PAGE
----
I don't have much regular butter on hand to make a roux. Is it a good idea to use clarified butter instead? What could go wrong?
2Agree with all of the answers. You can definitely use clarified butter, but don't expect the dark roux that you would normally want with gumbo. Means perhaps little less flavor, but definitely workable.– CindyOct 18, 2016 at 22:39
I typically like my roux the color of a Hershey Bar. Is that possible?– wilbertericOct 18, 2016 at 22:44
Most chefs use clarified butter for almost everything. It is never in recipes probably because it is not common in home kitchens and a lot more expensive. Easy to make your own and then you can store in fridge for a week. Restaurant kitchens usually make a bowl for the day and then have it next to the stove where it stays liquid and easy to use.
Different types of sauce of course need different type of butter. Generally clarified butter can be used in any sauce that is using butter as a thickener; all cream (or God forbid milk) sauces made with standard butter as there would be milk protein anyway; emulsions with egg yolk are in fact better with clarified butter. The exception would be "beurre blanc": as it is a butter sauce with no other emulsifier, it uses the non-fat milk protein to help the emulsion stay together.
Happy cooking and enjoy the taste!
What's the difference between clarified butter and Ghee? Oct 20, 2016 at 23:24
@Hutchette: epicurious.com/ingredients/…, cooking.stackexchange.com/questions/24087/… May 1, 2017 at 16:50
Making your roux with clarified butter will certainly work, and work well. Clarifiying removes the milk solids, which add nutty flavor when browned. Without them, the roux would be far less likely to burn, particularly if you want a lighter roux. Whether you're going for white, blond, brown, or dark brown roux, using clarified butter should not present a problem.
Your roux will actually be easier to cook out (getting rid of that flour-y taste) if you use clarified butter, so you can cook a very very light roux that doesn't taste like a dough ball. When I have time for the extra step, that's how I make bechamel. If my kids sniff even a trace of flour in their cheese sauce I'll be left to eat a whole lot of mac-n-cheese alone. (You want a dark roux for gumbo, but the combination is good for either light or dark. It's also common to use vegetable oil as the fat if you're making a very large quantity of gumbo or etouffee).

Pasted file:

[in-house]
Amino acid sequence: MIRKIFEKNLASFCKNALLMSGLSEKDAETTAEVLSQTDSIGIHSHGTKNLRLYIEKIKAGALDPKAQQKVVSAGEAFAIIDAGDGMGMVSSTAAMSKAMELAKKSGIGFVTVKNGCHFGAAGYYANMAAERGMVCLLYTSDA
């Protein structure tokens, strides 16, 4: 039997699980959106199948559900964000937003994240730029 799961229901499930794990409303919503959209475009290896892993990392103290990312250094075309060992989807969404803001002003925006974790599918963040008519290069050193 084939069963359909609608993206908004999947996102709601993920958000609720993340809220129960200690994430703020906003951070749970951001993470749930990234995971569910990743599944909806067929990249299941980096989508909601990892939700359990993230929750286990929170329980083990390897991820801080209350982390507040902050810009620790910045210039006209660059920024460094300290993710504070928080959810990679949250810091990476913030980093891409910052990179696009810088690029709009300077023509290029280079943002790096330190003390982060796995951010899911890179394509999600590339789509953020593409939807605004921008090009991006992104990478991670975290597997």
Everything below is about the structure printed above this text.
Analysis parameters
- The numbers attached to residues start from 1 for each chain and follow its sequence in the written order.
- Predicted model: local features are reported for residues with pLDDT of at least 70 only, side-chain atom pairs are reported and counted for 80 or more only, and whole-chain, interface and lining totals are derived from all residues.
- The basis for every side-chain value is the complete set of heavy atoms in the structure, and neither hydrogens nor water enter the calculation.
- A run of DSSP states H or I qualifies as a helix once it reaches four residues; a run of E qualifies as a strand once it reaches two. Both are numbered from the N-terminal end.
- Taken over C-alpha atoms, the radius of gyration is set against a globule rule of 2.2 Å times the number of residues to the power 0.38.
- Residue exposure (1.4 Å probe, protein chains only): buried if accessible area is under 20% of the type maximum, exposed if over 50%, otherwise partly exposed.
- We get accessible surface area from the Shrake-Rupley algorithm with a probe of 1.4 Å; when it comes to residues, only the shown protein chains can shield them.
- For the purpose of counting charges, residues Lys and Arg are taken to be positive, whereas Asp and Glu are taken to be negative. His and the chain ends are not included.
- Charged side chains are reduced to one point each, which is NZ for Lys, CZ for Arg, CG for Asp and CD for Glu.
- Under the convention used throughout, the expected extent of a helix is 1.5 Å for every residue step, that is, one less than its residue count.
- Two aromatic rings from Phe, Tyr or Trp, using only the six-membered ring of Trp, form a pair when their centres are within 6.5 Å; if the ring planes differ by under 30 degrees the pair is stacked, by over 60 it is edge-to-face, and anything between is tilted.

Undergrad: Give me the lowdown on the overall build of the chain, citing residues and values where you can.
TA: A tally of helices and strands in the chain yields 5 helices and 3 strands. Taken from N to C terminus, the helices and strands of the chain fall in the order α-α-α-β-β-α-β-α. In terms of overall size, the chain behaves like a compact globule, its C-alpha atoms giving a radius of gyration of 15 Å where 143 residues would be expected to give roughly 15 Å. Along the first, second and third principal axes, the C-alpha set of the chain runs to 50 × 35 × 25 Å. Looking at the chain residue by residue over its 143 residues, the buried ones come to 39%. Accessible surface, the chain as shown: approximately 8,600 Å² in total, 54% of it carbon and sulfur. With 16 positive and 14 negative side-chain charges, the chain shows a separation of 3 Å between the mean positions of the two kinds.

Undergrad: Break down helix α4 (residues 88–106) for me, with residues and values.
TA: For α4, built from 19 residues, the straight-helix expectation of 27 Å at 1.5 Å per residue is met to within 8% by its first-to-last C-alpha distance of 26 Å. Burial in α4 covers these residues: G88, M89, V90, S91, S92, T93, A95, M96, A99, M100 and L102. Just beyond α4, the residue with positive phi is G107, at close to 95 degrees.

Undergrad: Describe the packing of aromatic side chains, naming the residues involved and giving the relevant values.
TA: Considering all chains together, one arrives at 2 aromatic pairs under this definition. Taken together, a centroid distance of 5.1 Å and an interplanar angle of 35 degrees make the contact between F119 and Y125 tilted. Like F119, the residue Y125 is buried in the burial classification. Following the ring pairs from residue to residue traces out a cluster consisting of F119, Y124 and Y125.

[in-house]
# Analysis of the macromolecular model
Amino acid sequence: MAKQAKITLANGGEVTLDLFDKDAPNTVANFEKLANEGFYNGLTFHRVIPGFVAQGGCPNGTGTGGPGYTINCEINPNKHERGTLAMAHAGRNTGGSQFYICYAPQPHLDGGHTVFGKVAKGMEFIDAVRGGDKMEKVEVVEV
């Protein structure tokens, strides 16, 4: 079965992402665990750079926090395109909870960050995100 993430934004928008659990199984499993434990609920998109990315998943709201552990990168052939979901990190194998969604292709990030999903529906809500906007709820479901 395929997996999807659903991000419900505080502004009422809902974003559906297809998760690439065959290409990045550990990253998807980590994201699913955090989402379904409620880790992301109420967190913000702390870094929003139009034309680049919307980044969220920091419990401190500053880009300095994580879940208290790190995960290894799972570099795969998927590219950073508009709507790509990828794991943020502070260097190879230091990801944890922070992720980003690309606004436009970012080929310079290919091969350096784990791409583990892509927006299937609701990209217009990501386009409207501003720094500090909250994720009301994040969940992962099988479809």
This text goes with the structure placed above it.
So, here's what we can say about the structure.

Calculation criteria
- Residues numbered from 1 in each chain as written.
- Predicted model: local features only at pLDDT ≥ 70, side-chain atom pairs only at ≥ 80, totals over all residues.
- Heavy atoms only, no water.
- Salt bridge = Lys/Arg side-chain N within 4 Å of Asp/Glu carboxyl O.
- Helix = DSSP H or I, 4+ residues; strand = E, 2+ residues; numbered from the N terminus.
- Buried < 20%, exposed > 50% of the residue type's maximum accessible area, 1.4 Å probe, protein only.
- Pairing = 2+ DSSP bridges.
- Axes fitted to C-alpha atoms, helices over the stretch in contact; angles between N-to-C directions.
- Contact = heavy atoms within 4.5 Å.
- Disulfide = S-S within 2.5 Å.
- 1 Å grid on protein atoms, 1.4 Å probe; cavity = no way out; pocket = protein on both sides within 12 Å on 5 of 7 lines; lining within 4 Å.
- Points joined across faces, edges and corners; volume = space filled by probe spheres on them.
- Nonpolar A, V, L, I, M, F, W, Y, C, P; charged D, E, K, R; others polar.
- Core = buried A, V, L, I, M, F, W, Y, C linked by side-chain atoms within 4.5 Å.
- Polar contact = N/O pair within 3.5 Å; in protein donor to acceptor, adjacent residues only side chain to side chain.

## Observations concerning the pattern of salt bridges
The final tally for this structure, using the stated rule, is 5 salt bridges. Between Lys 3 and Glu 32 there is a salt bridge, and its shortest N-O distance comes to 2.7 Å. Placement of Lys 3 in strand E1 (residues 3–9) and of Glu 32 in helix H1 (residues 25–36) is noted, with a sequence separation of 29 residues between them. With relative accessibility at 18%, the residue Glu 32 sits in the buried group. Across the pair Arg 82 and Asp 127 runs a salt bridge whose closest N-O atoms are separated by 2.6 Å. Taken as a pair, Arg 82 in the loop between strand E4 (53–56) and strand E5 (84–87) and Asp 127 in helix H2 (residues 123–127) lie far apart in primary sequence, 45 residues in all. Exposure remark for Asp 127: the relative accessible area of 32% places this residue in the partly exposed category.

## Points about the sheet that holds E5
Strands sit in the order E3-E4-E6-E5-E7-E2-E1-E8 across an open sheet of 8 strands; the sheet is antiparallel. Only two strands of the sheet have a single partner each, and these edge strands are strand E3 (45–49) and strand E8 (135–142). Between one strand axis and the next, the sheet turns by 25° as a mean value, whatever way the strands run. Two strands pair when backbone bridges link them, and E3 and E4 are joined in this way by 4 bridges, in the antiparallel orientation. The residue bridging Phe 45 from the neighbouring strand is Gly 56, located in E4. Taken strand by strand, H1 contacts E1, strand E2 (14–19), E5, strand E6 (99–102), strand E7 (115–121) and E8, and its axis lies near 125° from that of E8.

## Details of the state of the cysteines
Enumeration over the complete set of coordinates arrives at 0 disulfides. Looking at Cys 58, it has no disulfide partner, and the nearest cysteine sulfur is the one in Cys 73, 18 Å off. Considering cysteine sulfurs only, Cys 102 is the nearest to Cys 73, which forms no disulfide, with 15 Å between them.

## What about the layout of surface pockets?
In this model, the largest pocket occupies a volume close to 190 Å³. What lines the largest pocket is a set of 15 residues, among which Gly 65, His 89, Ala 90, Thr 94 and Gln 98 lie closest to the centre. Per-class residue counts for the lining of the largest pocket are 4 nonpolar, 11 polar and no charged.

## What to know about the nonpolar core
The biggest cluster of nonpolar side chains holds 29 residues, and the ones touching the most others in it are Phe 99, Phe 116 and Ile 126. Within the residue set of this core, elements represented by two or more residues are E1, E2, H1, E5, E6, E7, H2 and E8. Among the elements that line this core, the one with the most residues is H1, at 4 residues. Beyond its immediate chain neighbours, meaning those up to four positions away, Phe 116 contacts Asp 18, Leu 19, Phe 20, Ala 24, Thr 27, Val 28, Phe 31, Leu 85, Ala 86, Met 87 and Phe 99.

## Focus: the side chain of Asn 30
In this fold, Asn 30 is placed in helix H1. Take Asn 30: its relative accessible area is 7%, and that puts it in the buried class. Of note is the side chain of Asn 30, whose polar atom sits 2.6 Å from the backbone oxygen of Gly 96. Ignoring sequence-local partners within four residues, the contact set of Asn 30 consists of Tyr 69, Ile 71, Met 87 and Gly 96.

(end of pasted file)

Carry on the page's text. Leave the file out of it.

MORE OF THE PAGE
Now, it doesn't make sense to use clarified butter with flour with a beurre manié even if it seems like essentially the same thing. You generally finish a sauce with that to thicken it and give it that lovely sheen, and that (especially the latter) works best with whole butter, in addition to being quite a bit easier to handle.
I haven't tried using clarified butter with a beurre blanc, though. I suspect it'd work in a pinch if that's all you had, but it wouldn't occur to me to try it deliberately since it's a little odd to work to remove milk fat just to end up putting a whole lot more back in :)
1But doesn't gumbo typically want a very dark roux? Oct 18, 2016 at 15:54
3Also, I'm failing to see the problem with "being left to eat a whole lot of mac-n-cheese alone." ;-) Oct 18, 2016 at 15:54
@DavidRicherby It does, but I'm answering more to will clarified butter work in a roux, and a light cooking out of it is one of the benefits of using it :) Works just as well if you want it darker. The question just made me think of various places where you'd combine flour and butter.– Tim PostOct 18, 2016 at 19:54
2@DavidRicherby My poor, unevenly perforated and very tired belt is shaking it's buckle at you rapidly in a sort of chiding gesture. Not sure what's gotten into it (maybe 3/4 kilo of mac and cheese?) :D– Tim PostOct 18, 2016 at 19:56